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|The eighth APEC Financial Infrastructure Development Network Conference is held on November 26|
To be held both virtually and physically (for those based in Vietnam) in Ho Chi Minh City, this year’s event focused on the theme of “Financial Infrastructure Support for Post-Pandemic Economic Recovery in Asia-Pacific”.
About 150 representatives from ministries and other government agencies, think-tank organisations, and financial institutions, value chain lead firms, suppliers, and distributors across the Asia-Pacific region attended the event. Speakers from APEC members countries shared their thoughts and led discussions on how to enable policies to expand financing for participation of micro-, small-, and medium-sized enterprises (MSMEs) in supply chains in the context of COVID-19.
In particular, the meeting discussed various issues on which policy makers in APEC developing economies are seeking technical advice – the required enabling environment for non-deposit-taking lenders (NDTLs) to support MSME finance and supply chain finance, how governments and market participants can collaborate to develop e-ID and e-KYC (Know Your Customer) services for the digital economy and digital finance including online supply chain finance (SCF), and how financial infrastructure services can support post-COVID-19 recovery in general.
“As financial markets are increasingly globalised, a more robust regional financial infrastructure network will support the development of trade among economies, thus facilitating stable economic development in each APEC economy,” Qamar Saleem, IFC Asia-Pacific manager for Financial Institutions Group Advisory Services.
“We have been partnering with the IFC, the State Bank of Vietnam, and the Ministry of Justice over the past few years to develop a movable finance market, which is essential for supply chain financing in the country. We will continue intensifying efforts to expand financing for MSMEs participating in supply chains,” said Jonash Grunder, Deputy Head of Cooperation, Embassy of Switzerland to the Socialist Republic of Vietnam.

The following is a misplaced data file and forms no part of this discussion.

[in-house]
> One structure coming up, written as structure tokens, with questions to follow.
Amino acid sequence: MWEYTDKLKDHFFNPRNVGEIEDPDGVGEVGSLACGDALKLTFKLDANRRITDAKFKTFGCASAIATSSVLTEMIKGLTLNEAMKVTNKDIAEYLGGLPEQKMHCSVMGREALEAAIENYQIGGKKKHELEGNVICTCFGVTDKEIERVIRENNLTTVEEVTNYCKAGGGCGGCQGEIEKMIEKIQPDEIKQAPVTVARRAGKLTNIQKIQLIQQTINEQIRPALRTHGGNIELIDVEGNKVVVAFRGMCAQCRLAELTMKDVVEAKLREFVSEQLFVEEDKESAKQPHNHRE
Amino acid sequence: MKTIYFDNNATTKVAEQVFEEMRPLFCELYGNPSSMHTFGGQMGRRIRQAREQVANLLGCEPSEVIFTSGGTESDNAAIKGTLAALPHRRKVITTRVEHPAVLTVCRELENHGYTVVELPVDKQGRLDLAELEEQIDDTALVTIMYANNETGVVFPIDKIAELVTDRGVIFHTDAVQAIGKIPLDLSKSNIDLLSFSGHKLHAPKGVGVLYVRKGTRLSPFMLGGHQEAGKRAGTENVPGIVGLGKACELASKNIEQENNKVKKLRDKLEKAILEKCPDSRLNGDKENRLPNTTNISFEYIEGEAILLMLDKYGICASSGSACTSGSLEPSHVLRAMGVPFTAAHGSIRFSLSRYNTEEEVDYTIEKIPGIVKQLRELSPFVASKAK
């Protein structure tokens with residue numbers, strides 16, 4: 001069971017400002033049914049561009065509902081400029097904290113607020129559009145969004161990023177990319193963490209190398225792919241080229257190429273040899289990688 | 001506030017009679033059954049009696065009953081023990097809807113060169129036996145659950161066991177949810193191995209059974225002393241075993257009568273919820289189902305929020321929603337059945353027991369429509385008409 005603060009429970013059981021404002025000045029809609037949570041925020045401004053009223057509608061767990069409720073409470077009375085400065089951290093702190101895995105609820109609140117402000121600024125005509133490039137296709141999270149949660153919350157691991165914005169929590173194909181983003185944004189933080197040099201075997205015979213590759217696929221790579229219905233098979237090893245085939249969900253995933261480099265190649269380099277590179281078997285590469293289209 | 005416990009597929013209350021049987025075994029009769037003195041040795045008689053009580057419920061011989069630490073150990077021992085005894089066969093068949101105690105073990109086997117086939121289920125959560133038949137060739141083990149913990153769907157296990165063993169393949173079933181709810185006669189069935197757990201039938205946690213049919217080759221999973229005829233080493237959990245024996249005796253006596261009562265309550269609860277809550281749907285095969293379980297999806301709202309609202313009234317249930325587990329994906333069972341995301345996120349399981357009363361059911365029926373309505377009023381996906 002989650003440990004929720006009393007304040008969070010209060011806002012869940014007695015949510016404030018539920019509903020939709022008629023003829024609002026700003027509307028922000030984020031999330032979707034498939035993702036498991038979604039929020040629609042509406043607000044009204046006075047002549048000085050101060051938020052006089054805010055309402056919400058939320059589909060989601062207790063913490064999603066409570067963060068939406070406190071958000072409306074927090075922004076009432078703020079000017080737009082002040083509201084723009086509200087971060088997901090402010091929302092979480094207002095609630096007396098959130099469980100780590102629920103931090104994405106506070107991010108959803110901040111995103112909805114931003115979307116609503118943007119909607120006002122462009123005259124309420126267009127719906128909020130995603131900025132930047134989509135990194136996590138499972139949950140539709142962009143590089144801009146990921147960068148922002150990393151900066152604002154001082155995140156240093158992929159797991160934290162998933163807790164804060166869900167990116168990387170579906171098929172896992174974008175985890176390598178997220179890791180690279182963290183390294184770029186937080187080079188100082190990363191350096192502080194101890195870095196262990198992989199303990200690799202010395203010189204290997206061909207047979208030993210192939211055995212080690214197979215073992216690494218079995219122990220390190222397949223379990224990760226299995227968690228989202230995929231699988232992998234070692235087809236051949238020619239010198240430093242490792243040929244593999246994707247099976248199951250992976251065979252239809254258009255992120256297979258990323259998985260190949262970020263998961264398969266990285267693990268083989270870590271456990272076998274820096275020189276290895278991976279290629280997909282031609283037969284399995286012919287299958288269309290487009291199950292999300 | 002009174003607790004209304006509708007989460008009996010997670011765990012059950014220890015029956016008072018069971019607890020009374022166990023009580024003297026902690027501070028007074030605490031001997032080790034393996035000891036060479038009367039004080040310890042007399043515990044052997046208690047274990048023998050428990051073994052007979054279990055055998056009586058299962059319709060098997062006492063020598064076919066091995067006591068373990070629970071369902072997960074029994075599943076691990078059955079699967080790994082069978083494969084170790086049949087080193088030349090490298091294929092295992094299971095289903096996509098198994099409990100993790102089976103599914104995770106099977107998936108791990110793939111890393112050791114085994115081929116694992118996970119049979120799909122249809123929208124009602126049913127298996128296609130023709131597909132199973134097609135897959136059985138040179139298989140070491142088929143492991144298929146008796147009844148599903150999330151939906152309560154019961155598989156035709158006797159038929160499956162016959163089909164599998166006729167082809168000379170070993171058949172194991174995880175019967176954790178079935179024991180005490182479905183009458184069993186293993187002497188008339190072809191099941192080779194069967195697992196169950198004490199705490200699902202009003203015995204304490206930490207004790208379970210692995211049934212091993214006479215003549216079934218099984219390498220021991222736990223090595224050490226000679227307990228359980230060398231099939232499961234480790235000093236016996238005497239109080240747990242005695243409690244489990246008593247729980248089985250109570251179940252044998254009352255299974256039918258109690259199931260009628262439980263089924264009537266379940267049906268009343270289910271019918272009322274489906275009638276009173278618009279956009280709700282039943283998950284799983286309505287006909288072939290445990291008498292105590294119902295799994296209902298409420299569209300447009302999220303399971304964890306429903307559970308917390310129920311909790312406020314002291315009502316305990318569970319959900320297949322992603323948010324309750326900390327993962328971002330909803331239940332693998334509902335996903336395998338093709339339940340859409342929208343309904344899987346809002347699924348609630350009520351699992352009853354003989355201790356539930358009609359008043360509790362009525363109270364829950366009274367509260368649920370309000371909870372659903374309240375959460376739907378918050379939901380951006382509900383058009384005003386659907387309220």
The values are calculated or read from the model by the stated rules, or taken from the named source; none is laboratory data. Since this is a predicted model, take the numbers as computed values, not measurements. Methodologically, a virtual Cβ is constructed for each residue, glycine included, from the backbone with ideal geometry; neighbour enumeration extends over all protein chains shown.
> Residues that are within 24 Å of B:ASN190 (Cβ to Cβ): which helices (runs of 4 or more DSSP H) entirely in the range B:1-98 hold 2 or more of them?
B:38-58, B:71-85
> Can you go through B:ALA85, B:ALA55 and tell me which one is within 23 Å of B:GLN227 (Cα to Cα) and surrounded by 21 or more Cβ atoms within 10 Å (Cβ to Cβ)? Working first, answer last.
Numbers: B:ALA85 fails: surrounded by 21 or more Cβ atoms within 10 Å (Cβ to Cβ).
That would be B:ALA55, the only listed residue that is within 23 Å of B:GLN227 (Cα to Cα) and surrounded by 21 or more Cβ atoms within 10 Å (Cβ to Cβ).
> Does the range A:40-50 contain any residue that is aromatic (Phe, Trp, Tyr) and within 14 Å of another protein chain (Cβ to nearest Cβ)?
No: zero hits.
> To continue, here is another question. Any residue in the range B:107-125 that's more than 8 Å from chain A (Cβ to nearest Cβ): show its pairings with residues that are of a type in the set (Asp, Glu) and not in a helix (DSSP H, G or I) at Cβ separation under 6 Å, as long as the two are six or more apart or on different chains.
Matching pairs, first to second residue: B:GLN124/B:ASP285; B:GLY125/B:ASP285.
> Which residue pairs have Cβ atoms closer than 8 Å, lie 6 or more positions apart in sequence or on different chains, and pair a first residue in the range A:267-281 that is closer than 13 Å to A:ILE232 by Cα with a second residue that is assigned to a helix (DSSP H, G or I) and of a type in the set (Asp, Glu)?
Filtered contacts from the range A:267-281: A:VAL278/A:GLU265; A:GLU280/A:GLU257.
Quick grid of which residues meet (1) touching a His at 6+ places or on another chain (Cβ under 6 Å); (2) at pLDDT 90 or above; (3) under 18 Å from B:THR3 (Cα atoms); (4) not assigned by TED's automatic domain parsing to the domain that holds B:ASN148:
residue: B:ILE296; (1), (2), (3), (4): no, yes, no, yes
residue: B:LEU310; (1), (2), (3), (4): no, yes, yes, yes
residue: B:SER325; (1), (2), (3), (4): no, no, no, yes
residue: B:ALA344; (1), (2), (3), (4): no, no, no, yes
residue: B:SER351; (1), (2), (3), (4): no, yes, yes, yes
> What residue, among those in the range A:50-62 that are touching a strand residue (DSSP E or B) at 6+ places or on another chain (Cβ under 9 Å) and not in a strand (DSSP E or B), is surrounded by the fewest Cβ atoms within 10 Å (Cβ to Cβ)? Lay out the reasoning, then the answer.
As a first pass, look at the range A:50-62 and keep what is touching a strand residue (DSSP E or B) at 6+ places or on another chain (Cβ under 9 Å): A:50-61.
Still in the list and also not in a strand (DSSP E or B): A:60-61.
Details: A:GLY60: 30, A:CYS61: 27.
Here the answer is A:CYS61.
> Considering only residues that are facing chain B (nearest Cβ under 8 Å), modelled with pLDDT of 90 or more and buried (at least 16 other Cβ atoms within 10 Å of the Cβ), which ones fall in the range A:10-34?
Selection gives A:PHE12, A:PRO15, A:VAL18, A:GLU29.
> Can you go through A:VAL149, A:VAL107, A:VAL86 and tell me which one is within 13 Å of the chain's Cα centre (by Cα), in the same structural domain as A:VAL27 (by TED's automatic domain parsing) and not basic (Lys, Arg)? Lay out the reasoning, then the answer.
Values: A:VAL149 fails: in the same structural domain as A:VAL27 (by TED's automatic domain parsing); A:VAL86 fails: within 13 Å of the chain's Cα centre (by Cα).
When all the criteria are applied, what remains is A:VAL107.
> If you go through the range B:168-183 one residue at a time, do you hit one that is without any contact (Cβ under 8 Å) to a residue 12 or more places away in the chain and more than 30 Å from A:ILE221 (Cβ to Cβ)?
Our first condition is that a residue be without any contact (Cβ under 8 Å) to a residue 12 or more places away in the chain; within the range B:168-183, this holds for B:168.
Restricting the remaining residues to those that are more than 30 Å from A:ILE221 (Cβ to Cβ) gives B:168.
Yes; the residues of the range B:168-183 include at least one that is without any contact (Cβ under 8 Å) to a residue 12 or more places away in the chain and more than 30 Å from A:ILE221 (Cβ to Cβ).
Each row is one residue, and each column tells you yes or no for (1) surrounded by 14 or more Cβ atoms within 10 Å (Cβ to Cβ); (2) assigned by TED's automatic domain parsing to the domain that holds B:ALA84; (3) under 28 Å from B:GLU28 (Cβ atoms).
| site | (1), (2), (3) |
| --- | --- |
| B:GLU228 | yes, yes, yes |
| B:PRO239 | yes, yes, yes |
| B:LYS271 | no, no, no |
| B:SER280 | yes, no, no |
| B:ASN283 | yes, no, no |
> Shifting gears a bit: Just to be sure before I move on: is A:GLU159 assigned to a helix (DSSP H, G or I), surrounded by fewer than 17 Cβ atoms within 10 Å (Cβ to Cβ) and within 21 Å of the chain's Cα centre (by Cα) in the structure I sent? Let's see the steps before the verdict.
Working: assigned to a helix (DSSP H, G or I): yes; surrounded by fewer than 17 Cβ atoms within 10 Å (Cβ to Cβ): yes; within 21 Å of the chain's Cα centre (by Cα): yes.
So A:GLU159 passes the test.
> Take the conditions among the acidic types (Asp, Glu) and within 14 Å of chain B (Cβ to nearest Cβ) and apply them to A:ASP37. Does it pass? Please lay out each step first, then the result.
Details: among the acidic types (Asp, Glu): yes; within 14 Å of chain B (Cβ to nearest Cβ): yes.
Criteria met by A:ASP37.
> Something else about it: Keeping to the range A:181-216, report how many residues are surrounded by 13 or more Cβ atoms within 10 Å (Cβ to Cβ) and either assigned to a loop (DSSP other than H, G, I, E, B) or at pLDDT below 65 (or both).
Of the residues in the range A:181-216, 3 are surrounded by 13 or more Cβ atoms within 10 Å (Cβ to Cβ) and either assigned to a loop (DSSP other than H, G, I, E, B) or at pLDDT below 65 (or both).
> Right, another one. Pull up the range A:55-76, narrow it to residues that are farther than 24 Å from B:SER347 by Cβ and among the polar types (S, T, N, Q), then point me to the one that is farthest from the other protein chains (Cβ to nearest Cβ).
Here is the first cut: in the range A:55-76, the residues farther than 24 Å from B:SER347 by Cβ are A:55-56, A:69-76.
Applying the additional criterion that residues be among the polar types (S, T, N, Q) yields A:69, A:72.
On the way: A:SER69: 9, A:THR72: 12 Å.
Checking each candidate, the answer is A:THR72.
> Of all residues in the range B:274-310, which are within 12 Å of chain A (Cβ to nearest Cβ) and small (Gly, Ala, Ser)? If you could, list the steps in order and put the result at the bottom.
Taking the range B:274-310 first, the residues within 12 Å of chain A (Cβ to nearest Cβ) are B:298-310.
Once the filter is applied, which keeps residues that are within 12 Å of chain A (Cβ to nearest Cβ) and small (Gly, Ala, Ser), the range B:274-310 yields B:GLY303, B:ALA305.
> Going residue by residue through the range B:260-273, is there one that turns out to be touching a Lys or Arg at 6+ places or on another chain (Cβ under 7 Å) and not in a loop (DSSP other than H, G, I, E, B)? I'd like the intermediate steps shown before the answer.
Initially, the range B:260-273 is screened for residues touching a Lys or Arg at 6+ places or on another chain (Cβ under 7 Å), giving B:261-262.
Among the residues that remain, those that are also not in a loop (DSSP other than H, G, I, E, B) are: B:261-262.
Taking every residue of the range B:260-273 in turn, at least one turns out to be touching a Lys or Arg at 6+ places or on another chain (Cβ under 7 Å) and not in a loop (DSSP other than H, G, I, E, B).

In Vietnam, financial services are one of the critical elements for improving the competitiveness of supply chains. SCF that links buyers, suppliers, and financial institutions will enable suppliers and distributors to optimise their working capital management by converting their sales receivables and inventories to cash and giving them lower-cost financing. It will also allow suppliers to conduct more open-account transactions, making them more attractive to global buyers.
Vietnam’s foreign trade volume has increased in recent years as free-trade agreements are opening new market opportunities for local businesses. However, the lack of working capital and transaction banking services such as SCF partially hinders producers and suppliers, especially MSMEs, from accepting large orders or developing new relationships with their value chain actors. As a result, the share of receivables and inventory registered as movable collateral in Vietnam is just about 30 per cent, compared with 60 per cent in China and 80 per cent in mature markets globally.
Meanwhile, Vietnam has great potential for SCF which was estimated to reach $33 billion in 2018. However, to reach that level, there are some areas where Vietnam could have been considered deepening the market. Development of regulatory framework on SCF, participation of third-party collateral management companies, development of commercial finance companies including factoring finance companies and non-deposit taking lenders, and an e-platform for supply chain financing are among the key areas for improvements to establish an enabling ecosystem for SCF to flourish in Vietnam.
IFC, in partnership with SECO, is implementing a multi-year advisory programme to facilitate supply chain financing for Vietnamese SMEs by improving the regulatory framework, sector infrastructure, capacities of SCF providers, and awareness of SME suppliers. Increasing access to supply chain finance solutions, subsequently, will help them grow their businesses, expand into new markets, and drive Vietnam's economy.